When I attended nErDcamp last summer in Parma, Michigan, I got to see my friend and nationally-recognized hero/ambassador for books, John Schumaker (Mr. Schu). He’s always super busy once he hits the deck plates of a conference, so I thought to ask him very quickly, “John! What picture book do I need to see right away? Or what picture book can I not let slip off my reader radar for 2015?”
John didn’t even pause to do a mental scan of the hundreds of books he must have already read by the time I asked the question. John knows that I teach secondary literature. He knows I have an interest in picture books I can use as complimentary texts in the classroom with older readers. And he knows that I appreciate great illustrations.
“A Fine Dessert!” he replied.
This was in mid-July. The book had released at the beginning of the year.
I might have seen this book later in the year, and without a doubt given the current controversy swirling around the book, I might have seen it outside of the recommendation of a trusted book person and friend.
This is how we find books, isn’t it? If we don’t stumble upon them on our own in in the big box stores, or by browsing bookstores, or by looking through monthly trades for new titles, we hear about them from within the reading community of which we are a part. Without trying to take a mental count, myself, I am confident that I am probably part of one of our country’s largest reading communities by way of social media and conference attendance.
But here’s a few things that we know about reluctant, struggling, non-readers (I like to call them “would-be” readers). They don’t stumble upon them in the big box stores. And I have not found A Fine Dessert on the shelves at Meijer, Target, or Walmart. They don’t find them as they browse any bookstore. They are not reading and finding books like A Fine Dessert. They are not scouring the trade publications for new titles.
They will not read 100% of the books we do not share.
We are the primary book source for many a reader who might not see any book otherwise. In our essential relationship with librarians and the extended book community, we are–in part–literature liaisons. We bring books forward. We put them in the classroom and we invite young readers to see what we are seeing.
But are we asking more of picture books today than we ever did in the past?
Are we asking the thirty-two page to be a platform. . .or a dissertation on historical context?
Have we asked the picture book to be the representative look at an era the same as we might want a tweet to serve as a summary for a political position?
Are we entrusting the care and maintenance of the reading public’s understanding of history to the picture book?
Do we ask more of the intricate work that goes into illustrating a story than we do of Lego mini-figs? Have you ever seen one of these not smiling?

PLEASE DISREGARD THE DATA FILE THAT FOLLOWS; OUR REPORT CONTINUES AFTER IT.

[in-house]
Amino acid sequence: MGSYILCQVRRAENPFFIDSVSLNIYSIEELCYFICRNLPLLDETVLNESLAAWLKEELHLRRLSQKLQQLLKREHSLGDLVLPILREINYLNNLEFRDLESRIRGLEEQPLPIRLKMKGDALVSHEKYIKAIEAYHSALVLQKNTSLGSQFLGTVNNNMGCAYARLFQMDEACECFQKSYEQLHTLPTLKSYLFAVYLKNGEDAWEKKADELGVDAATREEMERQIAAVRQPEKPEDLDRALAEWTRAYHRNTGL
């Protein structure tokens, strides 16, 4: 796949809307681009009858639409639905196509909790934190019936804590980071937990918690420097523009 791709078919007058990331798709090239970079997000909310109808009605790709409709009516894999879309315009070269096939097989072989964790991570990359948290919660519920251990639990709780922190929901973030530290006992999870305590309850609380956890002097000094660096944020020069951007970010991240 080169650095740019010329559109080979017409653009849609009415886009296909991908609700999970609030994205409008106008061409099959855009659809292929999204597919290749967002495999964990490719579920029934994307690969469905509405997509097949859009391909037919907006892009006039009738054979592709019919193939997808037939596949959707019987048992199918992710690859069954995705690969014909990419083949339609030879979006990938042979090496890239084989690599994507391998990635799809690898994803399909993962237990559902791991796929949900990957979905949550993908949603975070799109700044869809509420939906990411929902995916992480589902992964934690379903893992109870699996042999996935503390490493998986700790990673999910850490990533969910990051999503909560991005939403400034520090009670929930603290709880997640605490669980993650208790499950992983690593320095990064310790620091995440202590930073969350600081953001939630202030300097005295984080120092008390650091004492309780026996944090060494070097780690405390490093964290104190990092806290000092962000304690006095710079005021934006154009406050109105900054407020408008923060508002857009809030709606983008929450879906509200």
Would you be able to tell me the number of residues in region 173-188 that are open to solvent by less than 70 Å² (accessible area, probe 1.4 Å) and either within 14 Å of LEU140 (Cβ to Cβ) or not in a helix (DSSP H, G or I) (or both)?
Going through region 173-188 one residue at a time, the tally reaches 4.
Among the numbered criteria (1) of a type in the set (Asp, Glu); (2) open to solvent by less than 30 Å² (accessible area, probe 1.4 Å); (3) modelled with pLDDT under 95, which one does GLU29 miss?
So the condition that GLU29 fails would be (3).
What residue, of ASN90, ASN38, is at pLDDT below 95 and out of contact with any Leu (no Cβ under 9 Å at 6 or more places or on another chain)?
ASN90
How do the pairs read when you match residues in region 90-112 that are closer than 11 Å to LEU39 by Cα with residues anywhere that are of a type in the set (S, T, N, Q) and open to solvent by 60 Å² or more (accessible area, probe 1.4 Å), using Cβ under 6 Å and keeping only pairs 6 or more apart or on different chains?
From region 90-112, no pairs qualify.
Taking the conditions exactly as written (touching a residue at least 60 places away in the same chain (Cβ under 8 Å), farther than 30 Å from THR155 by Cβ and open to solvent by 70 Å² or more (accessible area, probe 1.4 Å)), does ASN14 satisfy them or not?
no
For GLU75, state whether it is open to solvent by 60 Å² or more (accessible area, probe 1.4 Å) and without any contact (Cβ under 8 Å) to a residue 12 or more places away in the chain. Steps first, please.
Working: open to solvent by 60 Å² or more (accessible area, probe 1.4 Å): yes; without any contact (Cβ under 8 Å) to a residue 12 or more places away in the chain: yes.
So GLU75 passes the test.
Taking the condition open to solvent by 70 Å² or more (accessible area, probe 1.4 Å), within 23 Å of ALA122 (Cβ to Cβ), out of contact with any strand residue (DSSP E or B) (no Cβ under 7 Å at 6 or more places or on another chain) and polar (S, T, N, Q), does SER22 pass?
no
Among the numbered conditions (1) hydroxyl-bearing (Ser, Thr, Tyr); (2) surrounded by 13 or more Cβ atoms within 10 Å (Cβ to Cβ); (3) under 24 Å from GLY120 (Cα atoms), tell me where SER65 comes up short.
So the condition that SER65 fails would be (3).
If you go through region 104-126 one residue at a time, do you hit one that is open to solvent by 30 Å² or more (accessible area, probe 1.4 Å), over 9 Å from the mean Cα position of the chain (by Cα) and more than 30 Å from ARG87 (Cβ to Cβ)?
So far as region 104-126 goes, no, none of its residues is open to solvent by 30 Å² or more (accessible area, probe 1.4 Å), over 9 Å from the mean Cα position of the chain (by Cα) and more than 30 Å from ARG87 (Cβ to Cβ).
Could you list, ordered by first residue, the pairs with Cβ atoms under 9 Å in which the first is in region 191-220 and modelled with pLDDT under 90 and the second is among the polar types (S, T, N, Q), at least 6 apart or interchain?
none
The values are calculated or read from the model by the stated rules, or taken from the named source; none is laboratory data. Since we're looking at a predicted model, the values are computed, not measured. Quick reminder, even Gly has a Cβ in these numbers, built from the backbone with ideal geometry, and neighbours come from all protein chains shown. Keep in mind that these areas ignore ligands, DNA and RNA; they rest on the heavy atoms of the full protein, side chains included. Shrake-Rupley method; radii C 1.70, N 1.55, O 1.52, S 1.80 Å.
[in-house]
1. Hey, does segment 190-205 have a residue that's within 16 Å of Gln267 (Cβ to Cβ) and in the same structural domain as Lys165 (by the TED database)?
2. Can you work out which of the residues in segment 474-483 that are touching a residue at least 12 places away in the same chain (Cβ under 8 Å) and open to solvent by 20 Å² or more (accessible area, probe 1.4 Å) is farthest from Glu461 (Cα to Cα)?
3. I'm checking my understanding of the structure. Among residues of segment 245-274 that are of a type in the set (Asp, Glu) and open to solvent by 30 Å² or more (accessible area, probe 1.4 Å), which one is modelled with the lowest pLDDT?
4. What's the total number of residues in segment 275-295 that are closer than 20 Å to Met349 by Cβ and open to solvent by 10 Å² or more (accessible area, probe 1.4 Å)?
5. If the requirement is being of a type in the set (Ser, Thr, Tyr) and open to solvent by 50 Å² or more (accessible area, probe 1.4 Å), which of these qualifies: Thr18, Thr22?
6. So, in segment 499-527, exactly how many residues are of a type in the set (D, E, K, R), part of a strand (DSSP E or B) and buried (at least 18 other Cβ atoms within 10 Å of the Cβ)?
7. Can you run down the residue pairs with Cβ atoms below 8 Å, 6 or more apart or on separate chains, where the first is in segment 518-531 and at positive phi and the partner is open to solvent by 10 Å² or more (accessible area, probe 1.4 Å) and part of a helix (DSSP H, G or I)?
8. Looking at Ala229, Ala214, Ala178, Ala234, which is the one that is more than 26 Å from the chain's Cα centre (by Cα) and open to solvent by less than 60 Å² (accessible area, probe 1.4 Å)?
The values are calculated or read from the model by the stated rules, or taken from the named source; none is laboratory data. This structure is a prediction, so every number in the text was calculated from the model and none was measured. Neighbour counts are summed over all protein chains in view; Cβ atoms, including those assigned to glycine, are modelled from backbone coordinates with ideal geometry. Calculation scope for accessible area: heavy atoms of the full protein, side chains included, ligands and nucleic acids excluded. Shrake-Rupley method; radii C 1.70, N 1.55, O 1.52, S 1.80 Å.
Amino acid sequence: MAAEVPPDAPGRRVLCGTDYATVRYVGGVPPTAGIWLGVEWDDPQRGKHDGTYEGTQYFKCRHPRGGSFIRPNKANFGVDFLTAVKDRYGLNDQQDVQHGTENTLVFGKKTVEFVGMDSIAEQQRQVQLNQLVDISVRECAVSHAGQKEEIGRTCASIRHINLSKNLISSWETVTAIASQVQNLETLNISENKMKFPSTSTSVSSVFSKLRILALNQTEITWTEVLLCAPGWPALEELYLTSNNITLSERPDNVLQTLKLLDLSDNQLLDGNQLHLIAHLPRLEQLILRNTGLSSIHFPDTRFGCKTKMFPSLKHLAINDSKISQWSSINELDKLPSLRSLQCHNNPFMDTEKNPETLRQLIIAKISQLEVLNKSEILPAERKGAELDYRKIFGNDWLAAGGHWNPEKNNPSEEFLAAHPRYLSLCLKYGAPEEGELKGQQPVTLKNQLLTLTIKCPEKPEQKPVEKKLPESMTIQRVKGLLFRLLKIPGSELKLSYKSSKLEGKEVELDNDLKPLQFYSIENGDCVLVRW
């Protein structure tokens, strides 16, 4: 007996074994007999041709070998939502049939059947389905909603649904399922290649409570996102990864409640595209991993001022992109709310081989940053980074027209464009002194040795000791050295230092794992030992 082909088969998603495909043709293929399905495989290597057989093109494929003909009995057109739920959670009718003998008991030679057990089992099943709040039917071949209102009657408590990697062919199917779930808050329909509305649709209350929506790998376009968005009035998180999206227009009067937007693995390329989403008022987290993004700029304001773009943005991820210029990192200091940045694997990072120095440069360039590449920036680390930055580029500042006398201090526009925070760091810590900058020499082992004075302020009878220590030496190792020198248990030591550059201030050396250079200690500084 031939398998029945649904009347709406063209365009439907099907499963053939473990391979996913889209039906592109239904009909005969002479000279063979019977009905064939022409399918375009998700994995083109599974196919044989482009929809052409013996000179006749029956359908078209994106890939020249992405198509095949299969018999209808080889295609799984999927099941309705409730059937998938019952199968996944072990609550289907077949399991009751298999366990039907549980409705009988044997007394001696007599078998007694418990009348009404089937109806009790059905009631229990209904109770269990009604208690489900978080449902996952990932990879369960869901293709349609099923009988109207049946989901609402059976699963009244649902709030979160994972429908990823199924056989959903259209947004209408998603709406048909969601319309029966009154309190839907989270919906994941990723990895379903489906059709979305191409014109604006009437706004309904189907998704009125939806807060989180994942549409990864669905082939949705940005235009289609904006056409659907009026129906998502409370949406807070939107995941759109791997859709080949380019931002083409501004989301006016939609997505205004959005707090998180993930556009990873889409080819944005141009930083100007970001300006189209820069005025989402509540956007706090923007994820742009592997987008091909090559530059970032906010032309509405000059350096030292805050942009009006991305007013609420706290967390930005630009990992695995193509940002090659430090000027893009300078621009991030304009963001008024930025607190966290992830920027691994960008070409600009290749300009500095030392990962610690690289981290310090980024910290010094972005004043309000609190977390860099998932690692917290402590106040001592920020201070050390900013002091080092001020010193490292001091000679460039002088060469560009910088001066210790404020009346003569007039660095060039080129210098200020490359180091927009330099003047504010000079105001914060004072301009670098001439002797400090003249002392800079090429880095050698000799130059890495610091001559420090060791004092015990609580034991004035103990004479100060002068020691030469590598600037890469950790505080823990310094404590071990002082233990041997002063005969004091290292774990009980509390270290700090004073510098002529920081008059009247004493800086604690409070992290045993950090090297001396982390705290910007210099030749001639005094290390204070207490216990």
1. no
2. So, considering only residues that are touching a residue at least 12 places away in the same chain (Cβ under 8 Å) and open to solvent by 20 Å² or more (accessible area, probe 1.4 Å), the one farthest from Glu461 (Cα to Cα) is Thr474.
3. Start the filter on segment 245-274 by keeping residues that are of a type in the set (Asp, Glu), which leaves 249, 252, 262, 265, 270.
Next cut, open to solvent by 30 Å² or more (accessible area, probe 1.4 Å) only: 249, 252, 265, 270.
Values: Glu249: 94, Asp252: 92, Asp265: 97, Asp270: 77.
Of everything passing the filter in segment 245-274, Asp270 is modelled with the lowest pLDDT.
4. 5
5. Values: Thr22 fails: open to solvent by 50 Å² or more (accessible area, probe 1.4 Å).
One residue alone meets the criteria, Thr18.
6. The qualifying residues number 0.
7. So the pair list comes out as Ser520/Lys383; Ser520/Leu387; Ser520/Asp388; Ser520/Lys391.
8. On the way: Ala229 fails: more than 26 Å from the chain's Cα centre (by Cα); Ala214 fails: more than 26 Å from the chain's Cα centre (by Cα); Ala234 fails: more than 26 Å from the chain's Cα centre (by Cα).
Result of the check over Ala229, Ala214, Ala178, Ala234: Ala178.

Are we holding the picture book to a higher level of accountability than we hold everyday discourse on the same topics?
Vicki Smith writing for Kirkus Review is one of the latest to write about the issues brought forward in A Fine Dessert in her January 4th article, “Smiling Slaves in a Post A Fine Dessert World”. Andrea Davis Pinkney responded later in the week with “A Proud Slice of History,” a guest post for Scholastic. Both respondents explore the swirling controversy around the depiction of a smiling slave and her child in A Fine Dessert. Pinkney explores what the response to A Fine Dessert might mean to a new picture book releasing this month, A Birthday Cake for George Washington. I am linking both of these articles here so that you might take a look at them to get a sense of the conversation that is happening around one book in advance of another.
And this is where I will take a turn. A Fine Dessert is a fine book. From a beautiful case enveloping wonderful end papers, story and illustrations to the satisfying feel of the dust jacket, A Fine Dessert is a fine, fine book. And it is no mistake that I use the phrase, “fine, fine.”
As a veteran of the United States Navy (Hospital Corpsman Third Class), I cannot tell you how many times we would use this double adjective set to describe the kind of day we were having or the kind of day we would wish for a shipmate: “Have a fine, fine Navy day, shipmate.”
During my time as a young corpsman (medic), I had an opportunity to be a part of a Joint Task Force in Guantanamo Bay, Cuba. Today, this area and the day-to-day operations are probably most-immediately recognized by the public as “Camp X-Ray.” Between November 1992 and February of 1993, I served a different population. I worked with Haitian migrants who were kept from coming into America for the sole reason of their HIV status. The history of revolt and exodus is the preface to my arrival in Cuba. Three days aboard makeshift boats brought these people to the island well in advance of my arrival aboard a large military plane. This was Operation Safe Harbor. I was a part.
During my three months of duty with this Joint Task Force, I worked in a clinic wherein we provided for the daily care of a large group of Haitians. Many were sick. And they would only become more sick in time. As we monitored T-Cell counts, we saw them drop drastically over a three-month period. We saw men and women battle through their own health issues as they wrestled with policy that kept them from their loved ones granted entry into the United States.